Boris Johnson’s cabinet rallied around him today in a bid to put down a simmering rebellion in the Tory party that could cost the Prime Minister his job.
A series of high-profile cabinet ministers went out to bat for the PM in broadcast interviews just 24 hours after Johnson faced a chorus of calls from Tory and opposition MPs alike to resign over the Downing Street parties scandal.
Chancellor Rishi Sunak, the frontrunner to succeed the PM if he is ousted or steps down, was conspicuously silent after putting out only a very cautious message of support on Wednesday.
Johnson is reeling from the latest allegations of lockdown-breaking parties in Downing Street, with the Prime Minister all but admitting Number 10 broke its own Covid rules in May 2020.
He issued a grovelling apology to the House of Commons on Wednesday, but still maintained that he thought the boozy party in the Downing Street garden was a “work event”.
Four Tory MPs are calling for him to resign, while many others are waiting on the results of an inquiry by senior civil servant Sue Gray on the many allegations of lockdown-busting in parties in Downing Street throughout 2020.
Justice secretary Dominic Raab told the BBC today that “I’m fully supportive of this prime minister” and that Johnson “has been clear that he believed he was acting in accordance with the rules at the time”.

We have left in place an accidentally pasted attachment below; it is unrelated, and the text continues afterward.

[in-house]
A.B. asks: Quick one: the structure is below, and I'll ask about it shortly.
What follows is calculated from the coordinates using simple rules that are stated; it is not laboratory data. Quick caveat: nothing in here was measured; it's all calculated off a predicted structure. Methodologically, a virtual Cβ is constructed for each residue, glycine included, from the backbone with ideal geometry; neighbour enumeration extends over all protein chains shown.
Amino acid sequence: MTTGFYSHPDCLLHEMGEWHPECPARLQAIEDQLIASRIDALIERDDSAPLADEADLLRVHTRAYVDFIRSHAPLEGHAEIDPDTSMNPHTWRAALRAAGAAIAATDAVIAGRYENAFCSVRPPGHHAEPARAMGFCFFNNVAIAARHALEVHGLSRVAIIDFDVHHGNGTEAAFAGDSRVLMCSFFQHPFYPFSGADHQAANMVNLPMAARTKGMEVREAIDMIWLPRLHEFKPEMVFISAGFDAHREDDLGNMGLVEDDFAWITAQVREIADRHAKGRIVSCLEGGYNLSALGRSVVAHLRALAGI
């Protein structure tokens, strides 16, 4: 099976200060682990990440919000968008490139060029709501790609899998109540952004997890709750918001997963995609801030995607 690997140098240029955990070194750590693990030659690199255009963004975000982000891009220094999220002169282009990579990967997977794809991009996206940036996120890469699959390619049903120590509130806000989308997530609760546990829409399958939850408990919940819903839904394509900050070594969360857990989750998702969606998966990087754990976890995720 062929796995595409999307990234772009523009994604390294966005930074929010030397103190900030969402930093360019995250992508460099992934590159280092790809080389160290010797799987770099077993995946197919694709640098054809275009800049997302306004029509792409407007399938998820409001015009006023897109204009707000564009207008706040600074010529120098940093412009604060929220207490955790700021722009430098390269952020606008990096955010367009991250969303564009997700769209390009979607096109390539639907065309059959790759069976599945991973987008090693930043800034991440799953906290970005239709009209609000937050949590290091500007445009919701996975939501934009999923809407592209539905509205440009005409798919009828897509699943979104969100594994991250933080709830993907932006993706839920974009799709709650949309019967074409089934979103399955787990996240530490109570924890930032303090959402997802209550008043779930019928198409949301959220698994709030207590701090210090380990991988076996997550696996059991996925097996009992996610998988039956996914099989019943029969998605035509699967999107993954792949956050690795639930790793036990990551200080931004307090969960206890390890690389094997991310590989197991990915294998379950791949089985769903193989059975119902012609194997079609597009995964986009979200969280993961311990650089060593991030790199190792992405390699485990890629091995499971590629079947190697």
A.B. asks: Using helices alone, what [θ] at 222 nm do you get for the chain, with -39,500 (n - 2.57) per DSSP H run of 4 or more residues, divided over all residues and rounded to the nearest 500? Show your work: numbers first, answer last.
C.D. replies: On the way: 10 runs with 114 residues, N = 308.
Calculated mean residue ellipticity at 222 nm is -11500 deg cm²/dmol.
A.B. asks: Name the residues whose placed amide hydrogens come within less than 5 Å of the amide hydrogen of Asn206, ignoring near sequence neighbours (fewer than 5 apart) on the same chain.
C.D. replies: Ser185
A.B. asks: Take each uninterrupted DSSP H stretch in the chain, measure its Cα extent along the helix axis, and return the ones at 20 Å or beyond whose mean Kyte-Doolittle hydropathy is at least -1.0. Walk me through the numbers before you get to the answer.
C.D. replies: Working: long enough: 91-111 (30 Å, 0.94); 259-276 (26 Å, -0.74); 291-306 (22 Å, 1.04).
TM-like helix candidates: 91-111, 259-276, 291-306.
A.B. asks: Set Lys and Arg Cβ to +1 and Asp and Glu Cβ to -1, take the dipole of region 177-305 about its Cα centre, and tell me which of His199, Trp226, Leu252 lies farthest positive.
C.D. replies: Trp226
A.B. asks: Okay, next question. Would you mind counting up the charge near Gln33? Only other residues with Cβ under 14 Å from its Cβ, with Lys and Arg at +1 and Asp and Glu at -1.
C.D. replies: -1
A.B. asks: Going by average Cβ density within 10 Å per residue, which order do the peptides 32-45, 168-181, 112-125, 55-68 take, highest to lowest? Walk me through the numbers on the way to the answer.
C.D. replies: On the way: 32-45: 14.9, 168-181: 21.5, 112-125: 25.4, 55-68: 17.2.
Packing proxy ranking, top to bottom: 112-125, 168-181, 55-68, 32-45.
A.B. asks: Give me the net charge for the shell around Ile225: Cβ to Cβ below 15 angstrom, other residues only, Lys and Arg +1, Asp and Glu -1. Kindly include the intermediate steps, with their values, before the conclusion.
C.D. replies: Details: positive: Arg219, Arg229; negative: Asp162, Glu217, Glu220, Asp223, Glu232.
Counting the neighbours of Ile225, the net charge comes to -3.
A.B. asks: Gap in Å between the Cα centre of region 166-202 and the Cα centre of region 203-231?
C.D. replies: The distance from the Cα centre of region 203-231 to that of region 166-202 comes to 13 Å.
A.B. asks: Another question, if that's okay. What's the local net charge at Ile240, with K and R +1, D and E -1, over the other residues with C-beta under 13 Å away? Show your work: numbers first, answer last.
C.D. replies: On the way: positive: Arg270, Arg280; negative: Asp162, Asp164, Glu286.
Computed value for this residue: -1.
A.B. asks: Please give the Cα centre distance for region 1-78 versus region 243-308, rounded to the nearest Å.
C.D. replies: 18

Northern Ireland Secretary Brandon Lewis told the BBC he “absolutely backed” Johnson.
“I personally think the Prime Minister is the right person to be Prime Minister. I think we will be able to go forward and win a general election,” he said.
Culture secretary Nadine Dorries told Sky News that she doesn’t “accept that [Johnson is] in the wrong”.
Leader of the House of Commons Jacob Rees-Mogg hit out at Scottish Tory leader Douglas Ross, one of four Tory MPs calling for Johnson to resign, labelling him as a “lightweight figure”.
He told LBC: “I don’t think it’s a surprise that Douglas Ross takes this view. He’s never been a supporter of the Prime Minister. I don’t think Douglas Ross is a big figure, he’s been constantly in opposition to the Prime Minister [and] he is not somebody you’d ever expect to say helpful things about the Prime Minister.”
Sunak has not made a statement today, after tweeting on Wednesday night that Johnson was “right to apologise” for attending the party in May 2020 and that “I support his request for patience while Sue Gray carries out her inquiry.”
It was widely speculated around Westminster that Sunak could be waiting in the wings to try and topple Johnson if Gray’s inquiry finds the Prime Minister knowingly broke his own Covid rules.